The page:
In the morning Father would set off in Henry Baillie's wagonette for Barnton Station en route for his work in town. The children, too, continued to attend their town schools but could look forward to the long summer evenings on the quiet unspoiled beach or up the river. Down by the riverside the click of bowls could be heard, and the Boat Club (no fibreglass in those days!) became an institution. Cramond might have its commuters but it was still a country village.
Those days have been gradually eroded by the internal combustion engine and in the course of the 20th century Cramond has been swallowed up in suburban Edinburgh. Yet so many old buildings still stand. To protect them and their surroundings from inappropriate development the Cramond Association was formed.
The Old Parish of Cramond is one of Scotland’s oldest inhabited communities and contains several historic sites and matters of interest. There are the Mesolithic site, the Roman remains and the River Almond valley which had many old mills. Some of them were converted to produce iron and they were the forerunners of the Scottish Iron Works.
There are many picturesque views to be had along the banks of the Firth of Forth – across to Fife and upstream to the Forth Bridges - and the islands that sit mid-estuary have a rich and varied history. And add to this the rich vein of geological history, the influential role of the landowners and their mansion houses, and Cramond Kirk, its Ministers and their role in the history of the Church in Scotland. With all of this around, you can begin to imagine the wealth of interest that these generate for many visitors to our part of Edinburgh.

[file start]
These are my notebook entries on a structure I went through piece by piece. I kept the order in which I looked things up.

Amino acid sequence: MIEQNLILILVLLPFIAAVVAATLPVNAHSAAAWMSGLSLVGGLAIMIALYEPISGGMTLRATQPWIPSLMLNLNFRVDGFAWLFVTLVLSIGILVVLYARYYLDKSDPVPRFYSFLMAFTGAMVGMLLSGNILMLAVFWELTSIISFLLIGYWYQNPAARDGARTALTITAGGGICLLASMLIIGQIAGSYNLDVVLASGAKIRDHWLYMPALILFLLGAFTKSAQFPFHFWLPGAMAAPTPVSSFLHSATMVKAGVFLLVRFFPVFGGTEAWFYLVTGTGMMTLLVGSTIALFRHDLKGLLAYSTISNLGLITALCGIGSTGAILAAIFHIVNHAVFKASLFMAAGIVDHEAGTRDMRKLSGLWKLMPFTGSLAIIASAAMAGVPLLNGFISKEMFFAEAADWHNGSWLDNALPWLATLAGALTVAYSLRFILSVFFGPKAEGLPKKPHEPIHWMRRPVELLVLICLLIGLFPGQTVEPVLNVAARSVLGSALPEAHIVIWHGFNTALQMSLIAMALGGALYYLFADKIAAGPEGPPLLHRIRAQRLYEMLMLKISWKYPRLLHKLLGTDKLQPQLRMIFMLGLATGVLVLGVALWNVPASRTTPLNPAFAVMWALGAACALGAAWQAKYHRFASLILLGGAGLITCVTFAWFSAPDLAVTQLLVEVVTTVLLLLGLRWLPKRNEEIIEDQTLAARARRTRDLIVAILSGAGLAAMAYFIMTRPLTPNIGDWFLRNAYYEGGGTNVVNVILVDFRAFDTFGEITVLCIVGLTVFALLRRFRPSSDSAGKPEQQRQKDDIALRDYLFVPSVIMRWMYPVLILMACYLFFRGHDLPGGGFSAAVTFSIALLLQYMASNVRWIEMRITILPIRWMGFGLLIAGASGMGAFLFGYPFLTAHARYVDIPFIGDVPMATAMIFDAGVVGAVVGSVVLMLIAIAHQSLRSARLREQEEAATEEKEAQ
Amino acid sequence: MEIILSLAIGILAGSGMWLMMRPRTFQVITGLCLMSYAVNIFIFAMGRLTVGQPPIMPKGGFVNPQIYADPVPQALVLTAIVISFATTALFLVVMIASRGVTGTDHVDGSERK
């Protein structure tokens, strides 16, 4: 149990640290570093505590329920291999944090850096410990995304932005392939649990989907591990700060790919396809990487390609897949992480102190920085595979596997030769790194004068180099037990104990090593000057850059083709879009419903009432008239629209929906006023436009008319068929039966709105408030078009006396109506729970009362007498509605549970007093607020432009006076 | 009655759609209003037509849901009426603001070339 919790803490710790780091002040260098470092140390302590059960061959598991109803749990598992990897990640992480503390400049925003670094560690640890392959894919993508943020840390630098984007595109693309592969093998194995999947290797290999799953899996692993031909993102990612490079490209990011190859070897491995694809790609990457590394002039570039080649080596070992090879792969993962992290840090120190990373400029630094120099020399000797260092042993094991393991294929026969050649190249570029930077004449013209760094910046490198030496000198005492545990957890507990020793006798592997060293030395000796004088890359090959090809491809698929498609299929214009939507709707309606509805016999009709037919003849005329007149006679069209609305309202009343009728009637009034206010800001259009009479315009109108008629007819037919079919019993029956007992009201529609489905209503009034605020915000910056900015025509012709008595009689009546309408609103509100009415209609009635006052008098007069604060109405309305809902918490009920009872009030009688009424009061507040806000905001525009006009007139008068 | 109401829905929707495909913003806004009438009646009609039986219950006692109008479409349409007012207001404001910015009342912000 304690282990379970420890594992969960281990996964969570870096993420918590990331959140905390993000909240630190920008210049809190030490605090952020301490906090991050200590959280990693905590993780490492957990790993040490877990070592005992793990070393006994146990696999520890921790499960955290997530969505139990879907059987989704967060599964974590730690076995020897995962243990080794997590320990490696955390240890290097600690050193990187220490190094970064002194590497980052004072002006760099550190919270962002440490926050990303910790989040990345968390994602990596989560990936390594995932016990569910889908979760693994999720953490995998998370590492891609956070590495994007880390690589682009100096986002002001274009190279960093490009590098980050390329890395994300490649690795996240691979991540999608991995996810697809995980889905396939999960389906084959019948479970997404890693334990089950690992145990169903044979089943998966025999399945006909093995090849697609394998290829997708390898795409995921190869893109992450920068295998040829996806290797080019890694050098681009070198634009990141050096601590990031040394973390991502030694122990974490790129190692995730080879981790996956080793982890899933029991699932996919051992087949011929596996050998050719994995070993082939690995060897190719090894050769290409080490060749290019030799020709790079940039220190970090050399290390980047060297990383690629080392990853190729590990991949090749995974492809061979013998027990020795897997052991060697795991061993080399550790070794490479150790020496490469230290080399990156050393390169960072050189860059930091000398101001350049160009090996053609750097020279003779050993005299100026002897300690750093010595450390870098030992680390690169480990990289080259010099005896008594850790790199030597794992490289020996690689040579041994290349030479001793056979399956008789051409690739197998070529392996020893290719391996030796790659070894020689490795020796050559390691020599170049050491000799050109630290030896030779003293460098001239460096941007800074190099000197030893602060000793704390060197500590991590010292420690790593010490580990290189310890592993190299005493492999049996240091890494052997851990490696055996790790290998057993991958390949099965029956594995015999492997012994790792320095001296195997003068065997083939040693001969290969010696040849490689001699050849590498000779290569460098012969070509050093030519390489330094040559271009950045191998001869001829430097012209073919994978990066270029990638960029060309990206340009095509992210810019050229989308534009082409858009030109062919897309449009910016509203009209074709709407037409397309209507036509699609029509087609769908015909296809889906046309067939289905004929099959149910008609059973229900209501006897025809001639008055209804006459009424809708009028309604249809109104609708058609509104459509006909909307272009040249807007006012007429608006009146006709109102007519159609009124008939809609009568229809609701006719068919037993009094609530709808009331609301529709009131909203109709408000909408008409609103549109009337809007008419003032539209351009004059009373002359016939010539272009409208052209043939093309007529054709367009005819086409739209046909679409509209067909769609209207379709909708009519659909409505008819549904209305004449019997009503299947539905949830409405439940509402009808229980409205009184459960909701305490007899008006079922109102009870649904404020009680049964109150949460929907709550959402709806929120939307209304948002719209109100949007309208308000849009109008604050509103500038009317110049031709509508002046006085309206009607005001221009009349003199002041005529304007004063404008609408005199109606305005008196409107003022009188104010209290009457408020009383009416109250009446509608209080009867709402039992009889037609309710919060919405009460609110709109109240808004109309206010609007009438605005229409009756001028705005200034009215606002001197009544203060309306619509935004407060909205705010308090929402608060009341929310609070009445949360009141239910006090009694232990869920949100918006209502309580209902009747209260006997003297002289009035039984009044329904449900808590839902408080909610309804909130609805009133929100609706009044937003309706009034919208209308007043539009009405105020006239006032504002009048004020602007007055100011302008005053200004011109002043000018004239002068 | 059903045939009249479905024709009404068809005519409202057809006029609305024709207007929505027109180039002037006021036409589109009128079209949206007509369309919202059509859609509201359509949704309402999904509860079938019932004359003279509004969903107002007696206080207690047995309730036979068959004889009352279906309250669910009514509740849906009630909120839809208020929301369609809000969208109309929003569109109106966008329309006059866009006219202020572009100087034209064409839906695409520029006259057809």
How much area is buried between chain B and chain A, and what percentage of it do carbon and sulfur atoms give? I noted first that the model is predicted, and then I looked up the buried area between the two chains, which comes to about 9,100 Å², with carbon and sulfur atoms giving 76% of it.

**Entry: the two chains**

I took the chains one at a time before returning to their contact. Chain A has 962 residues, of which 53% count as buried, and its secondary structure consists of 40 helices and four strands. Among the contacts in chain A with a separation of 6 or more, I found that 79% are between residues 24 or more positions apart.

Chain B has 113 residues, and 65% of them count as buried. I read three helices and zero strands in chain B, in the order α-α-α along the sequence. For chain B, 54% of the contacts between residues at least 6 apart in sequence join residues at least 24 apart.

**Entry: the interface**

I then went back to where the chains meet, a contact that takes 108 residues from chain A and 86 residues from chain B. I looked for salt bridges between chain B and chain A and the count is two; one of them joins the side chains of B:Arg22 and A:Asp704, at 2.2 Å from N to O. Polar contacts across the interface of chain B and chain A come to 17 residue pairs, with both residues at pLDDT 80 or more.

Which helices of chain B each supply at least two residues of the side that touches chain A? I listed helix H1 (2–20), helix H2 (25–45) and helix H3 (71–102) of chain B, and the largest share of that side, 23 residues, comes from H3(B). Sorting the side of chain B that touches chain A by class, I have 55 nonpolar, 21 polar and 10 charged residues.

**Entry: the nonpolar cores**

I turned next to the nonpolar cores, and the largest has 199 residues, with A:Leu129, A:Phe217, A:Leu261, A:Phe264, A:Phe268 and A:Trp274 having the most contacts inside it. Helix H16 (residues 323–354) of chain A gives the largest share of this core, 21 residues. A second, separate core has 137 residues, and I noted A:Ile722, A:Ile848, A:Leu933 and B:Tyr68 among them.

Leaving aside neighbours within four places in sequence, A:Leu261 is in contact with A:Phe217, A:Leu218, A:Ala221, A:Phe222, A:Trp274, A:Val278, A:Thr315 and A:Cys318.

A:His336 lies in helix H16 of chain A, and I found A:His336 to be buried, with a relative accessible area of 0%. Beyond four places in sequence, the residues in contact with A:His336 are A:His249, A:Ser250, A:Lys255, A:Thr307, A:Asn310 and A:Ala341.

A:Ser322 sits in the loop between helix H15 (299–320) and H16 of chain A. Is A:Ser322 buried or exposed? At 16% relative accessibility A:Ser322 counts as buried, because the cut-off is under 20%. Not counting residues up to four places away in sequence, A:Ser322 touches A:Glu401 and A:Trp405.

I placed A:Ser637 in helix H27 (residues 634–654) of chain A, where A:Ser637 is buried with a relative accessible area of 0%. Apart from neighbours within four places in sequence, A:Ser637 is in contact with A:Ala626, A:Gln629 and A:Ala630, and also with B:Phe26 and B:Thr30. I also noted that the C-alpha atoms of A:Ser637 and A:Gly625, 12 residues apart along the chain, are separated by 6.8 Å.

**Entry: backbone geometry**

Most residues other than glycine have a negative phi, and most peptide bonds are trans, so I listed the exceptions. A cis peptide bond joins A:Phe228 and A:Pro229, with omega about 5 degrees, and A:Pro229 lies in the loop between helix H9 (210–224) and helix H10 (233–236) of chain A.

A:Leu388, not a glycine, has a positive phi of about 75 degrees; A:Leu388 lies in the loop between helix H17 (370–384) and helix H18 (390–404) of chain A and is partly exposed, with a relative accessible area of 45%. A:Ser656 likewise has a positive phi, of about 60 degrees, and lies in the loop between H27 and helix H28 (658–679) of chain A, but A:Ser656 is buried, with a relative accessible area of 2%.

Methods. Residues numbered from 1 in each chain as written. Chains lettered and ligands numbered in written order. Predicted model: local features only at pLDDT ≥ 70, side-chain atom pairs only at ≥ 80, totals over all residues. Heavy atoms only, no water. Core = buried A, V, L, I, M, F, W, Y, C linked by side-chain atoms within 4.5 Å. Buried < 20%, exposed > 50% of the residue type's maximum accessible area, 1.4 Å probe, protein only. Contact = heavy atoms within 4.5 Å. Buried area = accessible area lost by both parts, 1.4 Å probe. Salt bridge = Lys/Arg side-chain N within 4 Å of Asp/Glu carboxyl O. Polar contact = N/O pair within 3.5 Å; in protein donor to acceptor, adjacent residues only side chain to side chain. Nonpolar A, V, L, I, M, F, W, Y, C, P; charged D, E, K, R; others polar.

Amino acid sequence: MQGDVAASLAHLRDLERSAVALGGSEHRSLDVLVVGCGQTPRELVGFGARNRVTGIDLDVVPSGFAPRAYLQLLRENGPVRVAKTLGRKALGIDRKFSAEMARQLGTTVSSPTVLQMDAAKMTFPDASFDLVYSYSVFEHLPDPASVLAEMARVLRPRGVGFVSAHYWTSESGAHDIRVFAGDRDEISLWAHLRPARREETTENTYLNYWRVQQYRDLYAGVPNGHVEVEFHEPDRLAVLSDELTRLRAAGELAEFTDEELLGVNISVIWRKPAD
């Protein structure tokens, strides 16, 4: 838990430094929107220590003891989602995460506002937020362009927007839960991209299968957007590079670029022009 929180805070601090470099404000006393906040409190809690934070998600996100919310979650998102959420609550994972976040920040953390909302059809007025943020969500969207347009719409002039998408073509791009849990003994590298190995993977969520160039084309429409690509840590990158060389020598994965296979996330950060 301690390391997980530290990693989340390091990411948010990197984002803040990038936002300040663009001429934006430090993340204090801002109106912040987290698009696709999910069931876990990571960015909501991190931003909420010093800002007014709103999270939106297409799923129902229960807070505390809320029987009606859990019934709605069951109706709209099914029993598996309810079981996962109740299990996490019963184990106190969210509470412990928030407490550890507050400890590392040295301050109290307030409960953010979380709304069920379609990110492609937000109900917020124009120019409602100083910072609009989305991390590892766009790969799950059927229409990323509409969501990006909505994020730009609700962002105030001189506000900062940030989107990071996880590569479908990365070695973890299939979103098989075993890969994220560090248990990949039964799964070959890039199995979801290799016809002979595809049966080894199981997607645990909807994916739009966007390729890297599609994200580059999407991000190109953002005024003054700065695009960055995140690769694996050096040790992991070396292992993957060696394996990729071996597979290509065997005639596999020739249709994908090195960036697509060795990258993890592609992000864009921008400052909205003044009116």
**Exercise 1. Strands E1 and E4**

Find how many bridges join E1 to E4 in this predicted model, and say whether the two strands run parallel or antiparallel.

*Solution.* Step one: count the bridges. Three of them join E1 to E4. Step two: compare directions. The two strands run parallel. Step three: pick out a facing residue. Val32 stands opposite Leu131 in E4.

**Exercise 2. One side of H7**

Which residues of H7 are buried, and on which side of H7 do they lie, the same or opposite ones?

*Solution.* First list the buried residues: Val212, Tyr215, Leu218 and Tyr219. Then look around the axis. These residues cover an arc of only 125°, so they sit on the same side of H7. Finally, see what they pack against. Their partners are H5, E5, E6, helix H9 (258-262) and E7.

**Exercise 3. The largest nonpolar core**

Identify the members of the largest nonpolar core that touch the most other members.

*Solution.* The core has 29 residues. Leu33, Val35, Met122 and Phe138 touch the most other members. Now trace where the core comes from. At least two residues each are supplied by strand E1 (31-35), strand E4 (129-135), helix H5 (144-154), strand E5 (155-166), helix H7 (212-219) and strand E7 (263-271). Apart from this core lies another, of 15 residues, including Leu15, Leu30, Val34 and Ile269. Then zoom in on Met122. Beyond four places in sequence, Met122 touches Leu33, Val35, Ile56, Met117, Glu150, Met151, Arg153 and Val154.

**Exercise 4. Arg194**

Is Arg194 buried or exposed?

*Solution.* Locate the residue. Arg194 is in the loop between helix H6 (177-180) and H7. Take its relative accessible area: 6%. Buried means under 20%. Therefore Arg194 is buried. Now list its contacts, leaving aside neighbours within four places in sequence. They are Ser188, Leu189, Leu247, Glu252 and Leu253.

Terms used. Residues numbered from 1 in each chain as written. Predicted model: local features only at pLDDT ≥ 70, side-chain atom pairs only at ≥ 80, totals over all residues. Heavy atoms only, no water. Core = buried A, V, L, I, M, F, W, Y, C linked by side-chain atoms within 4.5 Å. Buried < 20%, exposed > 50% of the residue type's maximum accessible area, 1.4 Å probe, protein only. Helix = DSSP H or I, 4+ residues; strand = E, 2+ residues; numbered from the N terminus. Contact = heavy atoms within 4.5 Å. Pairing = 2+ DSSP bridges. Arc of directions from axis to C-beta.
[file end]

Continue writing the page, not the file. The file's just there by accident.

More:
To enable you to learn more of these matters of interest, we have set out a series of information leaflets about Cramond’s history and of the people that have lived in Cramond and its environs. The leaflets support the interpretation of the scenery and landscape that lie before you as you walk around Cramond, along the River Almond or by the esplanade of the Firth of Forth. Others list some of the stories and legendary tales that have been passed down through the generations.
The text and design of this leaflet were developed by Lisa Randall, University of Edinburgh, and members of Lothian and Borders GeoConservation. The photographs were supplied by Lisa Randall, and John Dods of the Cramond Heritage Trust.Download
Drawn from the research undertaken by Bill Weir and John Dods on the Mansion Houses of the Old Parish of Cramond, this leaflet will guide you around the memorials of some of the estate owners.Download
There are many stories of old that are told about life in and around Cramond. This leaflet seeks to give an insight into the variety of tales passed down through the generations.Download
Following the issue of the ‘Tales of Legend’ leaflet, we were requested to relate some of the other tales that have been passed down and are still referred to. These speak of many of the people who live on in the local place names around Cramond.Download